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Hobbit Hole Gingerbread

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In honor of The Hobbit: An Unexpected Journey hitting theaters December 14th, I decided to dedicate this year’s gingerbread house to Bag End, the home of Bilbo Baggins.

Last year I was disappointed by the lack of lighting in my gingerbread creation.  Battery operated tea lights just didn’t cut it, so this year, I started with a light box and built the house around it.

I crafted the front landscape out of insulation foam and covered it with icing.  I used thin strips of duct tape to mark the walls of the hobbit hole and covered the entire surface with icing.  When the strips were removed, I got the nice wall detail I was looking for.  The window glass is made from poured isomalt sugar.  The detail on the windows is food coloring painted on after they set.  The open window was the trickiest.  I’m not even going to go into the process because there were plenty of mistakes, and a few happy accidents before I got the results I wanted.  My favorite part of this house is the living room window.

I took a picture from the most amazing miniature hobbit hole in the world crafted by Maddie Chambers/Brindley and pasted it on the back wall of the gingerbread house so that when you look in, you get a glimpse of the amazing intricate interior of the Baggins’ home.  If you are a true fan, you will know the view from this window looks all the way into the dining room at the back of the house, but the only photo available that fit the view angle was that of the living room fireplace.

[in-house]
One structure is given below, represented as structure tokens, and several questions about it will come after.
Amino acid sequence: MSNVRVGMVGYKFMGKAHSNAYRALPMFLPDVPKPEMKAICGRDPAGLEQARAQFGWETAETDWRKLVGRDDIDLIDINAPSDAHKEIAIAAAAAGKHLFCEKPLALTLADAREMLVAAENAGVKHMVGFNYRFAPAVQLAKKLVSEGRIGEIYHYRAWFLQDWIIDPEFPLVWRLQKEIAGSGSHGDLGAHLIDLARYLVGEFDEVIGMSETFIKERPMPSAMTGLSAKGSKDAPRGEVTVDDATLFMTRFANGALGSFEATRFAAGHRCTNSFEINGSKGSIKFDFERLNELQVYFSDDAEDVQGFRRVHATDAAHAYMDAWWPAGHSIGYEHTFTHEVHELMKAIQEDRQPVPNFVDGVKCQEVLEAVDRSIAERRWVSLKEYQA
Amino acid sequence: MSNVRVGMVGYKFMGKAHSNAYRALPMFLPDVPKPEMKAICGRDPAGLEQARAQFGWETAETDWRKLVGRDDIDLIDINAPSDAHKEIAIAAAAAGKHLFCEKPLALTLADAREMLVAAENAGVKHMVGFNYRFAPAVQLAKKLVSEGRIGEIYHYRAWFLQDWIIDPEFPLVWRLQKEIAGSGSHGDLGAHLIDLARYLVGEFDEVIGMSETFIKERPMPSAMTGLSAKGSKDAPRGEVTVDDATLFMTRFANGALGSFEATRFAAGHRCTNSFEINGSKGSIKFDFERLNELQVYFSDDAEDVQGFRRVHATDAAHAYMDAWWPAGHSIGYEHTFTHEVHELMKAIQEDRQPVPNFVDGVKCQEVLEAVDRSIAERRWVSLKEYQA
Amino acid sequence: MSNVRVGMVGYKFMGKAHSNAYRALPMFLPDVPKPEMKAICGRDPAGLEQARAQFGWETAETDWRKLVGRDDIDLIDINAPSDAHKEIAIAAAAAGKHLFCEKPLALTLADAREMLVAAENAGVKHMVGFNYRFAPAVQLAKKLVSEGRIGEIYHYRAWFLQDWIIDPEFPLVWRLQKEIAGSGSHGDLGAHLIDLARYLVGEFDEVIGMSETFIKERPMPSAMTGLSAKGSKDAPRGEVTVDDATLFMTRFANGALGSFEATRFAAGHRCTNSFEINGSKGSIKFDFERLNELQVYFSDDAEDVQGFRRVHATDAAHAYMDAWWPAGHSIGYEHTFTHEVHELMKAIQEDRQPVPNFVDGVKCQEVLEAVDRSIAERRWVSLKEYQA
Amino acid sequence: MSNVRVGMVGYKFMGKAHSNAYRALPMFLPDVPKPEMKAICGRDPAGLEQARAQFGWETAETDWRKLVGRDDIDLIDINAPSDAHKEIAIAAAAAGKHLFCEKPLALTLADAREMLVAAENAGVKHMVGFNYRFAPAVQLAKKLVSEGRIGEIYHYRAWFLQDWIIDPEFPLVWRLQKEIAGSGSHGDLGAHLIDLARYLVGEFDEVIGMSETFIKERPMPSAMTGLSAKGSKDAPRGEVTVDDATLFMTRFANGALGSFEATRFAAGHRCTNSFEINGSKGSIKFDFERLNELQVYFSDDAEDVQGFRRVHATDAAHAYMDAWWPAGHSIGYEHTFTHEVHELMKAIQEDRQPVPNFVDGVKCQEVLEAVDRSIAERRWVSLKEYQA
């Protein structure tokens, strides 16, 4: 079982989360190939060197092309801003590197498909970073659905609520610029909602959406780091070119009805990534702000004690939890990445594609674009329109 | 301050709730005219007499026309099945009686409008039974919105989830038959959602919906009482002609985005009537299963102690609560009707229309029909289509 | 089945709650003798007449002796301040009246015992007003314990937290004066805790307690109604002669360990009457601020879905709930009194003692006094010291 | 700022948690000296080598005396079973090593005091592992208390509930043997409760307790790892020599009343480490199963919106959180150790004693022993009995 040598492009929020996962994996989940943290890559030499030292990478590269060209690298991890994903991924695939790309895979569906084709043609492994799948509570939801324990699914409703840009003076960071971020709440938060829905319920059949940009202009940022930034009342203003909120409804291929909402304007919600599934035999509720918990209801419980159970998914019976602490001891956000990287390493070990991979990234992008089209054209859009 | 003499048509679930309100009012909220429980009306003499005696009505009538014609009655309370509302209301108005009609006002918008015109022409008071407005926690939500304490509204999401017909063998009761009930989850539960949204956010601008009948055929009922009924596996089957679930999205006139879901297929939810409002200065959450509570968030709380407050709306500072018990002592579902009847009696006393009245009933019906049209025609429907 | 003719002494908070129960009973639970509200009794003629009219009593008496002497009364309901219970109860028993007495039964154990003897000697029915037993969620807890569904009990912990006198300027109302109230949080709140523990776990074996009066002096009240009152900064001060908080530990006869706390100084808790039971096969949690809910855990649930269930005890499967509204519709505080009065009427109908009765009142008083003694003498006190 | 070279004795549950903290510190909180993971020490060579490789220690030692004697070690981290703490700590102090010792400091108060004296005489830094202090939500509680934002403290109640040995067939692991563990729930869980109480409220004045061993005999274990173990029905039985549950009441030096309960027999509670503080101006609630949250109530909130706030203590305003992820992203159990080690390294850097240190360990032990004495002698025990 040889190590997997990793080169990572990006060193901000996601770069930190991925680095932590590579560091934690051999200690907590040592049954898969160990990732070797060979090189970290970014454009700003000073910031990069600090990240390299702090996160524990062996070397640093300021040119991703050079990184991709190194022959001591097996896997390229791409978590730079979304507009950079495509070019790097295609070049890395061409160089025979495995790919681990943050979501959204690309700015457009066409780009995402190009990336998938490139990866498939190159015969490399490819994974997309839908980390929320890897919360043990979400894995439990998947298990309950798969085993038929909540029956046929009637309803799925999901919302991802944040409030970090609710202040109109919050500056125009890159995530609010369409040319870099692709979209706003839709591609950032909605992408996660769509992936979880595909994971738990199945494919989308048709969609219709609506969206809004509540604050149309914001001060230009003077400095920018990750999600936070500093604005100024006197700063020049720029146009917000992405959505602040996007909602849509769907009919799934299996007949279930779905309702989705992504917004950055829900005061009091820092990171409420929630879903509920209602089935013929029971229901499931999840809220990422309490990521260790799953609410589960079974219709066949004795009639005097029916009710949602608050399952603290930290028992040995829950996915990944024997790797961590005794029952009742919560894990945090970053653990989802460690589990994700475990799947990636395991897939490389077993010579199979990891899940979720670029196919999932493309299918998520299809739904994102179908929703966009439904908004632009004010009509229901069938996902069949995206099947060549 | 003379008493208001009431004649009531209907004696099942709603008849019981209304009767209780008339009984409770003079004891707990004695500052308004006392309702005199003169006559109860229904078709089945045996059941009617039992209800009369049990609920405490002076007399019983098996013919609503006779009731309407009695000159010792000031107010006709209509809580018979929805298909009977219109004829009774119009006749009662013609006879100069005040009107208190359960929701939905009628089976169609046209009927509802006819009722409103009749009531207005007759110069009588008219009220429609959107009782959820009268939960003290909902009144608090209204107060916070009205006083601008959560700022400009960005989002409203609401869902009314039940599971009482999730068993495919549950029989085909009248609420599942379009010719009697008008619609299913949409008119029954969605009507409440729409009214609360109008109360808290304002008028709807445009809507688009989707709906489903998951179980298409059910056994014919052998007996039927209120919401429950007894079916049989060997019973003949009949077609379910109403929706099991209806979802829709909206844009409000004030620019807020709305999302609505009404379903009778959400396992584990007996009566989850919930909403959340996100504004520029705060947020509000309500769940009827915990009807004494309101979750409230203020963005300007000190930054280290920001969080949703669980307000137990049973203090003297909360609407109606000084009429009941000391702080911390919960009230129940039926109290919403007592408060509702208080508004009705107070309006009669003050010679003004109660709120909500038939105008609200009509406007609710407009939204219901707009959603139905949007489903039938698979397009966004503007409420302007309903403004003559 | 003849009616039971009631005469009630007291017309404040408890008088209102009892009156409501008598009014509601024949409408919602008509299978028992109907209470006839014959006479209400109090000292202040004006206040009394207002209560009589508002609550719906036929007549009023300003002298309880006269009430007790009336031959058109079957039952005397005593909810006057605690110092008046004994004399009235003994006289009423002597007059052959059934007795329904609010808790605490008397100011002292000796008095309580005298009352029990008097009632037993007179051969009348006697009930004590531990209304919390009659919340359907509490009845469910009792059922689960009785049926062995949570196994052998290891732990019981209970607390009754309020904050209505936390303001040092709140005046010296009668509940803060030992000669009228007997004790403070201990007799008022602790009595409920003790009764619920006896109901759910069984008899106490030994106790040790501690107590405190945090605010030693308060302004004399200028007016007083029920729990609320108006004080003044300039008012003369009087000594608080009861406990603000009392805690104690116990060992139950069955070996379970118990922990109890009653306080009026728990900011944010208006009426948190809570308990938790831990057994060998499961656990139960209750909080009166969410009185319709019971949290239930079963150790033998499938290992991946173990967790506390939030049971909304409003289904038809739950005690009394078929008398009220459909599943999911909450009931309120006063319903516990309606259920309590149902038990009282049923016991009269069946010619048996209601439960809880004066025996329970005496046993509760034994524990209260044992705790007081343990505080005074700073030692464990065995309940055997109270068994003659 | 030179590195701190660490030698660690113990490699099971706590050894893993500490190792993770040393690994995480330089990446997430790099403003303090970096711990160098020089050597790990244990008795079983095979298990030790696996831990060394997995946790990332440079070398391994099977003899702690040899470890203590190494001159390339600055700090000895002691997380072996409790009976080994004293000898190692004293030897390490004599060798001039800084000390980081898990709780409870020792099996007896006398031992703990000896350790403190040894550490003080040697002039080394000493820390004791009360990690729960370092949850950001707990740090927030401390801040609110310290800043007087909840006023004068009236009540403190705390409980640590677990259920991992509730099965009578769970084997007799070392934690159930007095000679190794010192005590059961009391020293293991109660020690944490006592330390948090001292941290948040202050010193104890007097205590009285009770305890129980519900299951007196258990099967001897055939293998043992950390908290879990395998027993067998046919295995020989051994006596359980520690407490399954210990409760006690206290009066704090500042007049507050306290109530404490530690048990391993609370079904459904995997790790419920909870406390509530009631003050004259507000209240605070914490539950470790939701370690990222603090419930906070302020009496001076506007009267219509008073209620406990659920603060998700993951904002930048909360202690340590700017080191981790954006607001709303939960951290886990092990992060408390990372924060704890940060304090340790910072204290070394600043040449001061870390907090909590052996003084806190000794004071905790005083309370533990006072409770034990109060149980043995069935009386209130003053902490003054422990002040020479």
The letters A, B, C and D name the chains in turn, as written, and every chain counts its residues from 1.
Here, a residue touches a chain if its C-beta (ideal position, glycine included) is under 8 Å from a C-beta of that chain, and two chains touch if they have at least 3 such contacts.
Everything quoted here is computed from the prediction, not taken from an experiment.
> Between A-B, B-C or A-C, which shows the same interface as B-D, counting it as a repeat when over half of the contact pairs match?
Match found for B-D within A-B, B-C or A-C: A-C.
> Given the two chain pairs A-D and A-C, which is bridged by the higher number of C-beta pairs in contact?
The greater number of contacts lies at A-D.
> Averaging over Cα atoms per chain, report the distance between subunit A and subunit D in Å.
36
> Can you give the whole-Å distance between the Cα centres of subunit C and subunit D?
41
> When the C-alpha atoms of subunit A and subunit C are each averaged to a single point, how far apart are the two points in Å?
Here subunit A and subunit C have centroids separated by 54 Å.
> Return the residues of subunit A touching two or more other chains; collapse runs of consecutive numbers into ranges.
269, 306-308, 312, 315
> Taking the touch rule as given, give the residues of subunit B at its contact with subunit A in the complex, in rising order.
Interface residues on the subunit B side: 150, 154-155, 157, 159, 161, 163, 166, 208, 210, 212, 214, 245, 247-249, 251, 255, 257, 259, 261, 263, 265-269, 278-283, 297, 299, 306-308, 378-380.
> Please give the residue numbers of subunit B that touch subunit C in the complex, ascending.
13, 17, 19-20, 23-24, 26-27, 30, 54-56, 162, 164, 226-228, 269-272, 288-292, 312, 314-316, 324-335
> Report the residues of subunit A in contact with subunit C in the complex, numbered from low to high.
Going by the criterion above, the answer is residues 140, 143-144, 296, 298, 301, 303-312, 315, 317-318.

I made the figures in a bit of hurry.  I didn’t have 3 months to build like last year; I only spent about a month this time around.  Also, the figures are much bigger than last year’s.

Last year the figures were too big for the gingerbread house since the structure covered an entire castle, so this year I was excited to make them to scale so that they can be part of the gingerbread.  Also, customers seem less inclined to play with them since they’re obviously part of the display.

I made their core out of gumpaste so that they would dry faster and covered them in fondant for their clothes and skin.  The eyes were made with a food coloring pen, which are very awesome for those tiny details.

I especially wanted to use more candy this year.  I used spice drops (which taste awful), chocolate candy rocks, sticks of gum, and  vending machine gumballs.  I bought so many more items, but they just didn’t fit in.  I cheated and used a sparkly gel pen on the front gate.  Figuring out how to write Baggins in Hobbit writing was complicated enough in itself.

I’m a little sad the roof doesn’t sit flat.  I needed to be able to remove it to get at the light inside the box, but I think it’s all part of the learning process.  The light is one of those electric pumpkin lights I had leftover from October.  It’s just a bulb on a stand with a cord, and couldn’t be more perfect.  Other then that, I’m so happy with the way it came out.  I can’t wait until next year.

 

One Response to “Hobbit Hole Gingerbread”

  1. Terry Flynn says:

    Another terrific gingerbread house and a thoughtful and elegant account of its creation. Hooray Kitty!

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